We Freeze People, Don’t We? – The Health Care Blog


By KIM BELLARD

Perhaps you’ve heard about the controversial Alabama Supreme Court ruling about in-vitro fertilization (IVF), in which the court declared that frozen embryos were people. The court stated that it has long held that “unborn children are ‘children,’” with Chief Justice Tom Parker – more on him later – opining in a concurring opinion:

Human life cannot be wrongfully destroyed without incurring the wrath of a holy God, who views the destruction of His image as an affront to Himself. Even before birth, all human beings bear the image of God, and their lives cannot be destroyed without effacing his glory.

Seriously.

Many people have already weighed in on this decision and its implications, but I couldn’t resist taking some pleasure in seeing “pro-life” advocates tying themselves in knots trying to explain why, when they legislated that life begins at conception, they didn’t mean this kind of conception and that kind of life.

John Oliver was typically on point, noting that the Alabama ruling was “wrong for a whole bunch of reasons. Mainly, if you freeze an embryo it’s fine. If you freeze a person, you have some explaining to do.”

The case in question wasn’t specifically about IVF, nor did the ruling explicitly outlaw it. It was a case about a patient who removed stored embryos and accidentally dropped them, and the couples whose embryos were destroyed wanted to hold that patient liable under the Wrongful Death of a Minor Act. The court said they could. Note, though, that neither the patient nor the clinic was being charged with murder or manslaughter…yet.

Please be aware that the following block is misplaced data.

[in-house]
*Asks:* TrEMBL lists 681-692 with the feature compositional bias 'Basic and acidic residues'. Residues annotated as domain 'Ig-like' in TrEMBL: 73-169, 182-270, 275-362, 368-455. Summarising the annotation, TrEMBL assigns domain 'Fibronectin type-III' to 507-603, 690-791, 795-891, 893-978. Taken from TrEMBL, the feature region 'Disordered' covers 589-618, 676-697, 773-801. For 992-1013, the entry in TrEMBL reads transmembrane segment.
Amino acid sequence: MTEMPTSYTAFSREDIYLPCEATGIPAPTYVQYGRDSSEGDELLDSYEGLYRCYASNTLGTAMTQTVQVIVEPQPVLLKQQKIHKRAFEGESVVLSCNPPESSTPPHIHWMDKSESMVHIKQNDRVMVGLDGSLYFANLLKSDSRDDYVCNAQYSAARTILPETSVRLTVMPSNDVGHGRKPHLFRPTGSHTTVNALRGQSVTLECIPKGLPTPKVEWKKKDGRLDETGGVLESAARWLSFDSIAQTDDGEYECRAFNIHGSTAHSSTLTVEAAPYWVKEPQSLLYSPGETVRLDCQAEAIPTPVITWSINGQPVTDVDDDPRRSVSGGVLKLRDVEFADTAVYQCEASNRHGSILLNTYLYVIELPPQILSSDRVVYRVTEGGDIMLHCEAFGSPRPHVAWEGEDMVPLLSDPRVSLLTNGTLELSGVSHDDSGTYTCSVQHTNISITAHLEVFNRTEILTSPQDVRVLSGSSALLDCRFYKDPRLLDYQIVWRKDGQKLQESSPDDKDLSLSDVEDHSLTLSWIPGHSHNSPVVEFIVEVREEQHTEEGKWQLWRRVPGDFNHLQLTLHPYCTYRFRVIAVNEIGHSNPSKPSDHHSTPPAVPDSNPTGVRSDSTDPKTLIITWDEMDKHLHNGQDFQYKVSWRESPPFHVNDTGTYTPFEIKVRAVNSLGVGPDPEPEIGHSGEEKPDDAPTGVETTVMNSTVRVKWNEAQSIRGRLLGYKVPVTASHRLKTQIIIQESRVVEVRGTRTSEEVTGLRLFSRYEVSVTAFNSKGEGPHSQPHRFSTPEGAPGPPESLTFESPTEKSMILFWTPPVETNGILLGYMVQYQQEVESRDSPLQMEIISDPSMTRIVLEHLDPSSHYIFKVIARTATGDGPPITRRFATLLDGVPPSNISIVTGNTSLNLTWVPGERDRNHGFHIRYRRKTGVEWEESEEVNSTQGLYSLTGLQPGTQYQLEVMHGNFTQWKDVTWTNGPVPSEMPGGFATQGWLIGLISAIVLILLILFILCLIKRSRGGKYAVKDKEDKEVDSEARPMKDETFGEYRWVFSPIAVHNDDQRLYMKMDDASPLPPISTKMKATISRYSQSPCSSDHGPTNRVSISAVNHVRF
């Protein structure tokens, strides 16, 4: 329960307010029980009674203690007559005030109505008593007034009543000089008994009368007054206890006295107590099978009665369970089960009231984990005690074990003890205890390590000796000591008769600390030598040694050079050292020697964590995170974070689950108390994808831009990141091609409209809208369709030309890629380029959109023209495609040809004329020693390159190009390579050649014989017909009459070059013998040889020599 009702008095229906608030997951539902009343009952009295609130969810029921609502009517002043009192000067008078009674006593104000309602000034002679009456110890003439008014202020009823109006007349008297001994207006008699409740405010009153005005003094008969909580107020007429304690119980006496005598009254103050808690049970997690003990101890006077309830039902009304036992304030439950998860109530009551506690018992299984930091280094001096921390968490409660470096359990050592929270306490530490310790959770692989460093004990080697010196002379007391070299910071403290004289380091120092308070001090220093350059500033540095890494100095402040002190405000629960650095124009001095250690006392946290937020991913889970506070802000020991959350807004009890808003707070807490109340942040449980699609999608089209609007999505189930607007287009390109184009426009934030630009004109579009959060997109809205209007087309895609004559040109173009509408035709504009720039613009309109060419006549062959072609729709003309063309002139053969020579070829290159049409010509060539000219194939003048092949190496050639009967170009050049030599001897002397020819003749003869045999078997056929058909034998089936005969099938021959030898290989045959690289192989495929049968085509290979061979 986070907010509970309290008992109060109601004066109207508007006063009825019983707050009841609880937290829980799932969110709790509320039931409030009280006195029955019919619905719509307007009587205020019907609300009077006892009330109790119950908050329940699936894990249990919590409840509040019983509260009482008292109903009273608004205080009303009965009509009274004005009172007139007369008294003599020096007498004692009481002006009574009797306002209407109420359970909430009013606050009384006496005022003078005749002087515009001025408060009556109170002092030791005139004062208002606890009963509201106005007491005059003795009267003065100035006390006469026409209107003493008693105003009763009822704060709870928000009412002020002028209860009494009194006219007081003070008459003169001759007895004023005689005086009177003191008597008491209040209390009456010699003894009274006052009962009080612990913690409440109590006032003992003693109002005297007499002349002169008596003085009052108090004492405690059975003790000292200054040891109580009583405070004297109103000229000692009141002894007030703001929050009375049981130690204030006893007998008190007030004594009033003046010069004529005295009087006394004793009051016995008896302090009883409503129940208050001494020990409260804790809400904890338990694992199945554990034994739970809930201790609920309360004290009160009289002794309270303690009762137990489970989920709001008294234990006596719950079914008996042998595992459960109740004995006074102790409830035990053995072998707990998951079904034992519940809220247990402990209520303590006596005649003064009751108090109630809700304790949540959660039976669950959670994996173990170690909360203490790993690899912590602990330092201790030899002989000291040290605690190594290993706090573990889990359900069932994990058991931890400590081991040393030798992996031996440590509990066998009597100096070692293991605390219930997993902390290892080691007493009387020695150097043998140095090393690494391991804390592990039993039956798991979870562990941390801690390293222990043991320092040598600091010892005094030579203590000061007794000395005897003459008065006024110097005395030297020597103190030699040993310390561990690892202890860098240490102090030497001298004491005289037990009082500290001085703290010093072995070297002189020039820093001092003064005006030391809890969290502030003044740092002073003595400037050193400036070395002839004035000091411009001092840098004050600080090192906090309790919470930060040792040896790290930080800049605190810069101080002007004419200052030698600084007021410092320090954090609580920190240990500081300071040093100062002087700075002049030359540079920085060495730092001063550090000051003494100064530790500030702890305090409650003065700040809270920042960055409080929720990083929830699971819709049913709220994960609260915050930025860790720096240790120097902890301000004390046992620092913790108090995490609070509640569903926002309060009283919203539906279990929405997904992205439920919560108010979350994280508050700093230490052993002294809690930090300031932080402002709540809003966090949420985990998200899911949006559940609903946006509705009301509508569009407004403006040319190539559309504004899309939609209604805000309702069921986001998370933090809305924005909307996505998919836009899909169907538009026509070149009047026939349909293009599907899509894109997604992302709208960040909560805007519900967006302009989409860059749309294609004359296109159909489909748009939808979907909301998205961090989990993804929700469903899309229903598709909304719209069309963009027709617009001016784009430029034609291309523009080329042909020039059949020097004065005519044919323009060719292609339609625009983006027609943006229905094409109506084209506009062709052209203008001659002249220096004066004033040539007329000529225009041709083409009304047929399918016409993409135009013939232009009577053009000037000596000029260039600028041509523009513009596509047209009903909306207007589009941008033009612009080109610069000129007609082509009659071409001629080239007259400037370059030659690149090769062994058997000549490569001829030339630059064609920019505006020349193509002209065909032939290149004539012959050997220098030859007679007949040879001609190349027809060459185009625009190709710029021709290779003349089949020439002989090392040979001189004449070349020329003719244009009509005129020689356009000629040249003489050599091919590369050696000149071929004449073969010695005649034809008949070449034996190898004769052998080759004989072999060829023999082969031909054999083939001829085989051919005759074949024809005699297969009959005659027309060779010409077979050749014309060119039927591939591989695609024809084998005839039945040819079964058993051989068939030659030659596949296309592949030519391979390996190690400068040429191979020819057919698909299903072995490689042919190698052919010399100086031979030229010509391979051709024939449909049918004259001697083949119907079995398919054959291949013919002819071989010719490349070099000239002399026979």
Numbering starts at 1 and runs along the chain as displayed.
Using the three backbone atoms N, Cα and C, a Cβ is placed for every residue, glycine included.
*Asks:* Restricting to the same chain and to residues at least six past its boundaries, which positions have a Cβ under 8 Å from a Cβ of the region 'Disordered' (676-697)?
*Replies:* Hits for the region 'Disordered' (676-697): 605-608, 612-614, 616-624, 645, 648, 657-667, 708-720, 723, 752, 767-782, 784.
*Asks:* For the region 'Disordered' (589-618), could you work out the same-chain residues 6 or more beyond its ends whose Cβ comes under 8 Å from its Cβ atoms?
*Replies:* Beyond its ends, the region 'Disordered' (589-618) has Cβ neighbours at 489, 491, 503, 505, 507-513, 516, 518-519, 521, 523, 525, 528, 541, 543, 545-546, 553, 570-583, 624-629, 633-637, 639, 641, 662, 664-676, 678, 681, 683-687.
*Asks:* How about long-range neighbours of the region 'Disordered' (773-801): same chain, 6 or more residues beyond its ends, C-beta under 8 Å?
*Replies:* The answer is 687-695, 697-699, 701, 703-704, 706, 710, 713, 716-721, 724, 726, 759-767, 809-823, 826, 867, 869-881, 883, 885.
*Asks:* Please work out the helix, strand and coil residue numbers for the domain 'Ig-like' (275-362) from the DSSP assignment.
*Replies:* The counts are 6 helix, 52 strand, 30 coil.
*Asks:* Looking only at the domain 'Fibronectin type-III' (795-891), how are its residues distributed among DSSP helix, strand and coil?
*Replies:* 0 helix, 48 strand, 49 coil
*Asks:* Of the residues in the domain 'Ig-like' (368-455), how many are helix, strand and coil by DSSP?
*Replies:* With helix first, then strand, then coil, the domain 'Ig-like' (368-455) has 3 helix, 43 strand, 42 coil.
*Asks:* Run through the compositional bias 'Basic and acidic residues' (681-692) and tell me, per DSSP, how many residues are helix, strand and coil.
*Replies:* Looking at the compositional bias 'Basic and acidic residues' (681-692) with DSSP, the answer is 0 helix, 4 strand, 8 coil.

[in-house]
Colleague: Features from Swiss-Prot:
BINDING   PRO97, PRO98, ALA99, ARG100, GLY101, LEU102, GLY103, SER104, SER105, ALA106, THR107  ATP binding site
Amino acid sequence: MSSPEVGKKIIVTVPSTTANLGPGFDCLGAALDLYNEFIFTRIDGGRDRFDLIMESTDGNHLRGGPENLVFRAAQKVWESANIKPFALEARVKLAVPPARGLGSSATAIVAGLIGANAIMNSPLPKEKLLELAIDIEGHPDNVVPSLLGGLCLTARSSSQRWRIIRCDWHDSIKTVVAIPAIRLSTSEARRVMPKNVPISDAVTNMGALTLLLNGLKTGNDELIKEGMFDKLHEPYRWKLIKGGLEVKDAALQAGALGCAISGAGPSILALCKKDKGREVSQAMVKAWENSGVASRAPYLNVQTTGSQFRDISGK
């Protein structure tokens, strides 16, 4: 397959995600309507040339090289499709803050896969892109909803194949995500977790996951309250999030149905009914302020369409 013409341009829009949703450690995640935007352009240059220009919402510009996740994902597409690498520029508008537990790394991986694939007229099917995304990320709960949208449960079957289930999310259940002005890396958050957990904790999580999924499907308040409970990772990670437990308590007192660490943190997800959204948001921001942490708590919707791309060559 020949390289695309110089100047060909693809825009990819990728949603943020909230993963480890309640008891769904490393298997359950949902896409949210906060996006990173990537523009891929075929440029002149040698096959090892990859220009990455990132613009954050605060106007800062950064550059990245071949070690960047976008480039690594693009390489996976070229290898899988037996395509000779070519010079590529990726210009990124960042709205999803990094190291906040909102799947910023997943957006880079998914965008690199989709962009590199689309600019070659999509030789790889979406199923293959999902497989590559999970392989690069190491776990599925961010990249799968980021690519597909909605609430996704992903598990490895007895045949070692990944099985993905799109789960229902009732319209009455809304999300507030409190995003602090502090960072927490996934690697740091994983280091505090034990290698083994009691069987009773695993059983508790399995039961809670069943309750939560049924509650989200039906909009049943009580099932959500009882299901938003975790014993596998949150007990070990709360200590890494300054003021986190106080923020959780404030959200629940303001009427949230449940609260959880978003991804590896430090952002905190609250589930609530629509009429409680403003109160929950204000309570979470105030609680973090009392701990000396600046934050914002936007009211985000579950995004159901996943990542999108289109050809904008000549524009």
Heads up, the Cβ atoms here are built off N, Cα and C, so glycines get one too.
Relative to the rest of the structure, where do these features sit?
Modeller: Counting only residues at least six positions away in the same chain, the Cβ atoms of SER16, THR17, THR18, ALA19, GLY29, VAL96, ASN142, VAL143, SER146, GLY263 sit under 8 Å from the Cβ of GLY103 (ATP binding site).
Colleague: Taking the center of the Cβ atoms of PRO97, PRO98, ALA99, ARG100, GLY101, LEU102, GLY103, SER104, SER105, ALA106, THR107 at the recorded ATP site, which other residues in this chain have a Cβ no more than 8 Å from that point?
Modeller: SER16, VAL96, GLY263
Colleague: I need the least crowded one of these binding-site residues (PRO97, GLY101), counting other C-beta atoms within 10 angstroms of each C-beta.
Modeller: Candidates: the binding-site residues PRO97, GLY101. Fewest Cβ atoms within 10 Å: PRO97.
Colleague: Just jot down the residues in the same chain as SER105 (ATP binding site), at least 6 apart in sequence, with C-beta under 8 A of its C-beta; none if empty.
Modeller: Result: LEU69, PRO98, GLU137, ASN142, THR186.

Although the Alabama Attorney General has already indicated he won’t prosecute IVF patients or clinicians, the ruling has had a chilling effect on fertility clinics in the states, with The University of Alabama at Birmingham health system and others indicating they were putting a pause on IVF treatments.

Justice Parker has long been known as something of a theocrat; as The New York Times wrote:

Since he was first elected to the nine-member court in 2004, and in his legal career before it, he has shown no reticence about expressing how his Christian beliefs have profoundly shaped his understanding of the law and his approach to it as a lawyer and judge.

His concurring opinion claimed: the state constitution had adopted a “theologically-based view of the sanctity of life.” Alabama is not alone. Kelly Baden, the vice president for public policy at the Guttmacher Institute, told BBC: “We do see that many elected officials and judges alike are often coming at this debate from a highly religious lens.”

Speaker Johnson has said:

The separation of church and state is a misnomer. People misunderstand it. Of course, it comes from a phrase that was in a letter that Jefferson wrote. It’s not in the Constitution. And what he was explaining is they did not want the government to encroach upon the church — not that they didn’t want principles of faith to have influence on our public life. It’s exactly the opposite.

And here we are.

Many Republicans are backtracking on the ruling.

Alabama Republican Governor Kay Ivey said she was “working on a solution.” Alabama legislators are already working on bills to protect IVF, clarifying that in vitro fertilization doesn’t count, with life only beginning when implanted in a uterus. Oh, OK, then.